After writing short stories for a while, I decided I was ready to write a book. I heard about Harlequin’s Intrigue line. It sounded like something I would like: romance and mystery. I wrote a book set on Hebgen Lake where I grew up about a lost love coming home again because of a death (which of course was a murder).
How long did it take you to write it?
A year, at least. But that was just the beginning. An editor at Intrigue talked me into rewriting it. It sold! My revision letter was the length of a book and basically said: we like the pacing and the characters but if you want, you can change everything else! I rewrote, Odd Man Out, (believe me there were times I would have gladly quit) until I liked the story. It was nominated for RT BOOKclub’s Best First Book and Best Intrigue for 1995. That book was later reprinted.
What are your writing habits?
I get up every morning and write. I try to write ten pages a day, rain or shine. Sometimes life interferes with that plan. Okay, a lot of times life interferes. But I’ve found that if I get some pages done first thing in the morning, I have the rest of the day and no guilt.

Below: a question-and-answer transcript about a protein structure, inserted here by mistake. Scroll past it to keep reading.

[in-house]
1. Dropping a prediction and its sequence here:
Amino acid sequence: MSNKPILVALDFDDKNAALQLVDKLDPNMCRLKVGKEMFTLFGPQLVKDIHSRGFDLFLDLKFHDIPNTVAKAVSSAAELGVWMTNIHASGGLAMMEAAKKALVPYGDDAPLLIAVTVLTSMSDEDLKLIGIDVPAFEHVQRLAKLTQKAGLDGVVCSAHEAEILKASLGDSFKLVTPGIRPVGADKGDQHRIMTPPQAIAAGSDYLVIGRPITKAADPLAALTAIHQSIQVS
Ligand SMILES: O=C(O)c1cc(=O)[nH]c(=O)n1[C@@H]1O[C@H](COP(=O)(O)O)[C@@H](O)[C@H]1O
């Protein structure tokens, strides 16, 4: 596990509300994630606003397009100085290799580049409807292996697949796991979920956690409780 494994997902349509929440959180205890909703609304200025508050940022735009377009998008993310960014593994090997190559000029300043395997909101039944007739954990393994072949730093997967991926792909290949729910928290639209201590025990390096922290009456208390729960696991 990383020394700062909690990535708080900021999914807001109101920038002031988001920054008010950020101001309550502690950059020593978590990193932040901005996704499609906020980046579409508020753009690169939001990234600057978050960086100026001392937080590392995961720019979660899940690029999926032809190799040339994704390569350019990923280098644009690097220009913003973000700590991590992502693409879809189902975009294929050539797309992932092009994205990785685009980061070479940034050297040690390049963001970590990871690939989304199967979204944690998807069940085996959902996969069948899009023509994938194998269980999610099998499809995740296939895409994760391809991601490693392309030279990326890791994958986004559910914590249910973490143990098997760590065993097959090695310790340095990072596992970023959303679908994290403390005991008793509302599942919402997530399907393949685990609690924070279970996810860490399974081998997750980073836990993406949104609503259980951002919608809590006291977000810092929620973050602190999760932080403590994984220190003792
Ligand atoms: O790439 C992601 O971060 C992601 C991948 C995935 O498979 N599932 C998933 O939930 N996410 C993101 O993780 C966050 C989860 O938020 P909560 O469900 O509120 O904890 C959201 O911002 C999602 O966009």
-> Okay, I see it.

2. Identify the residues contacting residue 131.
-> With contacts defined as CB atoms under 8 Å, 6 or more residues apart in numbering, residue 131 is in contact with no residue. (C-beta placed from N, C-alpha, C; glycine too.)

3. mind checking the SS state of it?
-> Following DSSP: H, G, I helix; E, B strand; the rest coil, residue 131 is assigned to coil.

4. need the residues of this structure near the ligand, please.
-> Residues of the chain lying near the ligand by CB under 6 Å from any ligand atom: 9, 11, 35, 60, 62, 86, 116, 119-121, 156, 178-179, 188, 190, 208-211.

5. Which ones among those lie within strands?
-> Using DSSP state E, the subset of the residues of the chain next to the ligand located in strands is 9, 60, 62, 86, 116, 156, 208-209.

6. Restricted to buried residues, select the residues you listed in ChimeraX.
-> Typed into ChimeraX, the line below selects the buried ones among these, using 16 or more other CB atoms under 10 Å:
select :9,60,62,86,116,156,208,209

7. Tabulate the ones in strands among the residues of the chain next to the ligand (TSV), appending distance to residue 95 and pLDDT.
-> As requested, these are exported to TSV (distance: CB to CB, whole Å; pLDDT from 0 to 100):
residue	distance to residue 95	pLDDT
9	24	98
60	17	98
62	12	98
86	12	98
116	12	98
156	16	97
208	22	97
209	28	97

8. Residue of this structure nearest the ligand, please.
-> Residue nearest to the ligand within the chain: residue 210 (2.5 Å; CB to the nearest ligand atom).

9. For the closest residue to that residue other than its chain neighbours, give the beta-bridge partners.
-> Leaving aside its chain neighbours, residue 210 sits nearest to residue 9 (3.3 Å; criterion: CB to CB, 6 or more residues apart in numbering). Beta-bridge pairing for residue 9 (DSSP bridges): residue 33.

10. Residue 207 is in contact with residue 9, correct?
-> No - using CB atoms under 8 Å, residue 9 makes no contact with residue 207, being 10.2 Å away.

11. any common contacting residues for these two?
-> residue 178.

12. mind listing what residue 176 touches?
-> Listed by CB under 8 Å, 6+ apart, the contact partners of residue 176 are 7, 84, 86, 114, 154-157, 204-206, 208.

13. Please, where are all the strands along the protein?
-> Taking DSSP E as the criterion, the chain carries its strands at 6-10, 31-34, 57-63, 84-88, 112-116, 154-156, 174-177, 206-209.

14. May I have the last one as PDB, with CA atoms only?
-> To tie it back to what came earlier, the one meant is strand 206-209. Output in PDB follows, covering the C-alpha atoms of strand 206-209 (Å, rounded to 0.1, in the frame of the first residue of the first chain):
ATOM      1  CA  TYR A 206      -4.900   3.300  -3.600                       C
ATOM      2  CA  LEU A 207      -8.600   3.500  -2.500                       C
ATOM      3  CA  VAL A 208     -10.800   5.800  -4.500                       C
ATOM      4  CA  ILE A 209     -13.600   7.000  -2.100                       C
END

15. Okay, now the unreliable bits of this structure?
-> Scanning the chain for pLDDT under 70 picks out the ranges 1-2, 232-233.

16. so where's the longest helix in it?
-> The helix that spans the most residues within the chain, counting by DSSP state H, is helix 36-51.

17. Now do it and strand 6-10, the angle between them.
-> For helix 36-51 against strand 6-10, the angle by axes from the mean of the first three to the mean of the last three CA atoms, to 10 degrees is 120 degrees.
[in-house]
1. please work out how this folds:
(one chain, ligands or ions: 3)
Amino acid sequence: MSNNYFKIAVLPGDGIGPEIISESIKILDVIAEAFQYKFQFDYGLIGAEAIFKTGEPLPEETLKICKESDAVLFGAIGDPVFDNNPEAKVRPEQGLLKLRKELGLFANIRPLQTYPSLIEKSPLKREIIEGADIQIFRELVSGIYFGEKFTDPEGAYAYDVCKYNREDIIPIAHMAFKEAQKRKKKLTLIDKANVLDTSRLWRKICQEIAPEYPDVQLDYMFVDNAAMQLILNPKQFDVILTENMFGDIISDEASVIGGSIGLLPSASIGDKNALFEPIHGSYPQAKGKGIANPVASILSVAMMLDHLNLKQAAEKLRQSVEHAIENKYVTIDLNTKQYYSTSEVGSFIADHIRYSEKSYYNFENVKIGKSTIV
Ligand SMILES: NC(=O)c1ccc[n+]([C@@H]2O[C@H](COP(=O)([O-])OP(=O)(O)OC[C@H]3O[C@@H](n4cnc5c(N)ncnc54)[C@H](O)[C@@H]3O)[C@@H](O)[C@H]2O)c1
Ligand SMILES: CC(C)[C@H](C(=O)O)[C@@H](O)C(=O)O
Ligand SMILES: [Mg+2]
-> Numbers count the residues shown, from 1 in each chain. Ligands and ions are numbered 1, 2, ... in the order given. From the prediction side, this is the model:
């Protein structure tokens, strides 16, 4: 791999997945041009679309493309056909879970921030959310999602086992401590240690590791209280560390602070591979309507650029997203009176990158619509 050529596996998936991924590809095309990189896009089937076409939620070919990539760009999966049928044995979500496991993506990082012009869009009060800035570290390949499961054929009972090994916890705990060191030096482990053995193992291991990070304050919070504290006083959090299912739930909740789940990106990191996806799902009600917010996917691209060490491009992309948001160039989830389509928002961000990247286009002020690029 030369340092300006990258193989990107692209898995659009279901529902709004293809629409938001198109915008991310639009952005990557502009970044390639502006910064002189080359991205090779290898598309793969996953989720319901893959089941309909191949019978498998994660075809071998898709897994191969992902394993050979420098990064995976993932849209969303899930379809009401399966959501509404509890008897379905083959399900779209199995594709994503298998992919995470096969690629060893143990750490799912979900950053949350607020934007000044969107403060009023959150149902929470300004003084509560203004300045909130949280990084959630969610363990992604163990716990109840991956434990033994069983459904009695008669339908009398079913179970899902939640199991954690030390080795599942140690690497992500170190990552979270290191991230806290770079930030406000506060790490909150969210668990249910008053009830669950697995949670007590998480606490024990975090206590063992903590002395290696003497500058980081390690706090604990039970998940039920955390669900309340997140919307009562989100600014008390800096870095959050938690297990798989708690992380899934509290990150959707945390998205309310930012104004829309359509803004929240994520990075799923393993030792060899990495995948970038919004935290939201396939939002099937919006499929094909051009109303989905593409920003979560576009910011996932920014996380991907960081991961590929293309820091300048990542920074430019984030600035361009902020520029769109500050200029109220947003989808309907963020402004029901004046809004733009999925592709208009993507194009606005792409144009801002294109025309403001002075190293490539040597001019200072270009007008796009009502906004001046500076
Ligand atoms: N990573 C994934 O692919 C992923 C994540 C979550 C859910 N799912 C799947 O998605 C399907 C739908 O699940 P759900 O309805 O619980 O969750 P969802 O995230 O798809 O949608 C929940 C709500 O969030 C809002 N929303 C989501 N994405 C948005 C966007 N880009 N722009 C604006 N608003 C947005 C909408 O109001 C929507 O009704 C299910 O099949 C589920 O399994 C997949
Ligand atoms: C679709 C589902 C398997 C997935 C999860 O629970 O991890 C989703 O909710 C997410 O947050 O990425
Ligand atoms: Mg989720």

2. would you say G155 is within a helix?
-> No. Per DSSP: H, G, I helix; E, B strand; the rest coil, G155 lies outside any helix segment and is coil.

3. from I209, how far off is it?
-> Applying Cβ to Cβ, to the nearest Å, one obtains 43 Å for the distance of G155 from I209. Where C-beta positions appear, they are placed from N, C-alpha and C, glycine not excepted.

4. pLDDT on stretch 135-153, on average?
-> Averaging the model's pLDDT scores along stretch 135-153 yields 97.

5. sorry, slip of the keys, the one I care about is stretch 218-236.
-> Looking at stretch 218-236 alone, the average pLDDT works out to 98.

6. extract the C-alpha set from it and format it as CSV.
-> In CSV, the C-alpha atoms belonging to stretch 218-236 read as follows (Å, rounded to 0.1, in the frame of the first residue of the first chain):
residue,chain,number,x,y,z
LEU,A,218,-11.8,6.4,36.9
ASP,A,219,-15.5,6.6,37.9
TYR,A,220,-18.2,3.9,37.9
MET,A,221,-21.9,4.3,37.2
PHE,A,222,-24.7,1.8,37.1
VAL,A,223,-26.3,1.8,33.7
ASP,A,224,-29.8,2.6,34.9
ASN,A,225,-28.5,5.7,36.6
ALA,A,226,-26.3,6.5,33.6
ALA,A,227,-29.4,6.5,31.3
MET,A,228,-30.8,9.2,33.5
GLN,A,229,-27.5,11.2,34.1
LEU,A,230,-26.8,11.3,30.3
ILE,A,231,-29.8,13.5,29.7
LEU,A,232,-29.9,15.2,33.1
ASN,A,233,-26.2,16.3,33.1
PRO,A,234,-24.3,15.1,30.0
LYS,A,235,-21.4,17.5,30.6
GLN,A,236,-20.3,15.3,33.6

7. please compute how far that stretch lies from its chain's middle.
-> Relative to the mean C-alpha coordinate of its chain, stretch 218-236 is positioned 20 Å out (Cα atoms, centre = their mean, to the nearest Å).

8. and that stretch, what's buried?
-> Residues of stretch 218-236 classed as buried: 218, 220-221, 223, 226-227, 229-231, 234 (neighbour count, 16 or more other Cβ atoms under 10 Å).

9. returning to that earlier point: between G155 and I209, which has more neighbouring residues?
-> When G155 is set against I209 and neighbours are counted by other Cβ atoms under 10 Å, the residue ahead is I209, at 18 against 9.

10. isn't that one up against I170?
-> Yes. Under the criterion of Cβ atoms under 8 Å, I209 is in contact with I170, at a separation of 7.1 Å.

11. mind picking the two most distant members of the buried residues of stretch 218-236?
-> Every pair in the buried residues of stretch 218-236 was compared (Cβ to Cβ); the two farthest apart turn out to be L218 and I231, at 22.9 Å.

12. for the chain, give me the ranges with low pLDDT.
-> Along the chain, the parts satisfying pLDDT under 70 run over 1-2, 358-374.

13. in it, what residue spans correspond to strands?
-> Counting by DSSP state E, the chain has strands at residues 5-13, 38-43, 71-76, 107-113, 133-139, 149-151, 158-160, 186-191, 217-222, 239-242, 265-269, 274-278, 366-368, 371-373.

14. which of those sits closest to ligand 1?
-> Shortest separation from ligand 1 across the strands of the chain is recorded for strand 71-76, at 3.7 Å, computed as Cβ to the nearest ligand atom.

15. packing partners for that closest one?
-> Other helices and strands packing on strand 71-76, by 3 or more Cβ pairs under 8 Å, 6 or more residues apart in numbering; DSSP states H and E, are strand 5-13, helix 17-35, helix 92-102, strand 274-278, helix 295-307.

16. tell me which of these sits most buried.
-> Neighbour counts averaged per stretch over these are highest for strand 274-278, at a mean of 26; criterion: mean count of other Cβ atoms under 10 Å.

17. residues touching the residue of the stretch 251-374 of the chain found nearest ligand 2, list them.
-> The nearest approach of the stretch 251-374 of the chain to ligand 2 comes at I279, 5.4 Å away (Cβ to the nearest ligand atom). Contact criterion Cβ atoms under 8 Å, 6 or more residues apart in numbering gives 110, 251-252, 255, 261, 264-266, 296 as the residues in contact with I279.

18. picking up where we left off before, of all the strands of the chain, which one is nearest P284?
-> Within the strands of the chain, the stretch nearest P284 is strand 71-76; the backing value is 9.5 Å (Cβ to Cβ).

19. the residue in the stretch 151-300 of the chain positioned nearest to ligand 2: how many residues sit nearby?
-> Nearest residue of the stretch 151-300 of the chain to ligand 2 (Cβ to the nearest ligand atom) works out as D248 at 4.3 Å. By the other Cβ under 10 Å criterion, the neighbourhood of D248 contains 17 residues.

How do you approach starting a new book?
With joy! I haven’t discovered the flaws in my plot yet. Seriously? I start by trying to get the sound of the book on paper. Each book has a little different sound to me depending on the characters and the plot. Once I get the sound, then I try to get what I think of as the foundation of the book down. That amounts to the first five or six chapters. If I like them, I continue. If I don’t, I go back and rewrite those first chapters until I do. To me, that foundation has to be solid or it won’t support the rest of the book.
Do you have a special plotting method?
I had never thought about what I do to come up with a plot. I usually start with an idea. For example, in my book, Hotshot P.I. that idea was sleepwalking. I’d read about people who commit murder in their sleep. From there, I went to setting. Most of my books are set in Montana where I grew up and still live. Setting is really important to me. It’s almost like a character. Then I think about my flesh and blood characters and what their story is. Usually I get a pretty good feel for them by starting writing. I like to learn about them slowly in the course of writing the book rather than try to figure them out first.
Any special tricks you use to sustain suspense?
I just try to scare myself. I like to write the book by establishing a handful of suspects who all could have been the killer/bad guy. Then I just keep writing until it becomes clear to me whodunit. I like to be surprised. Killing someone also helps if I’m stuck.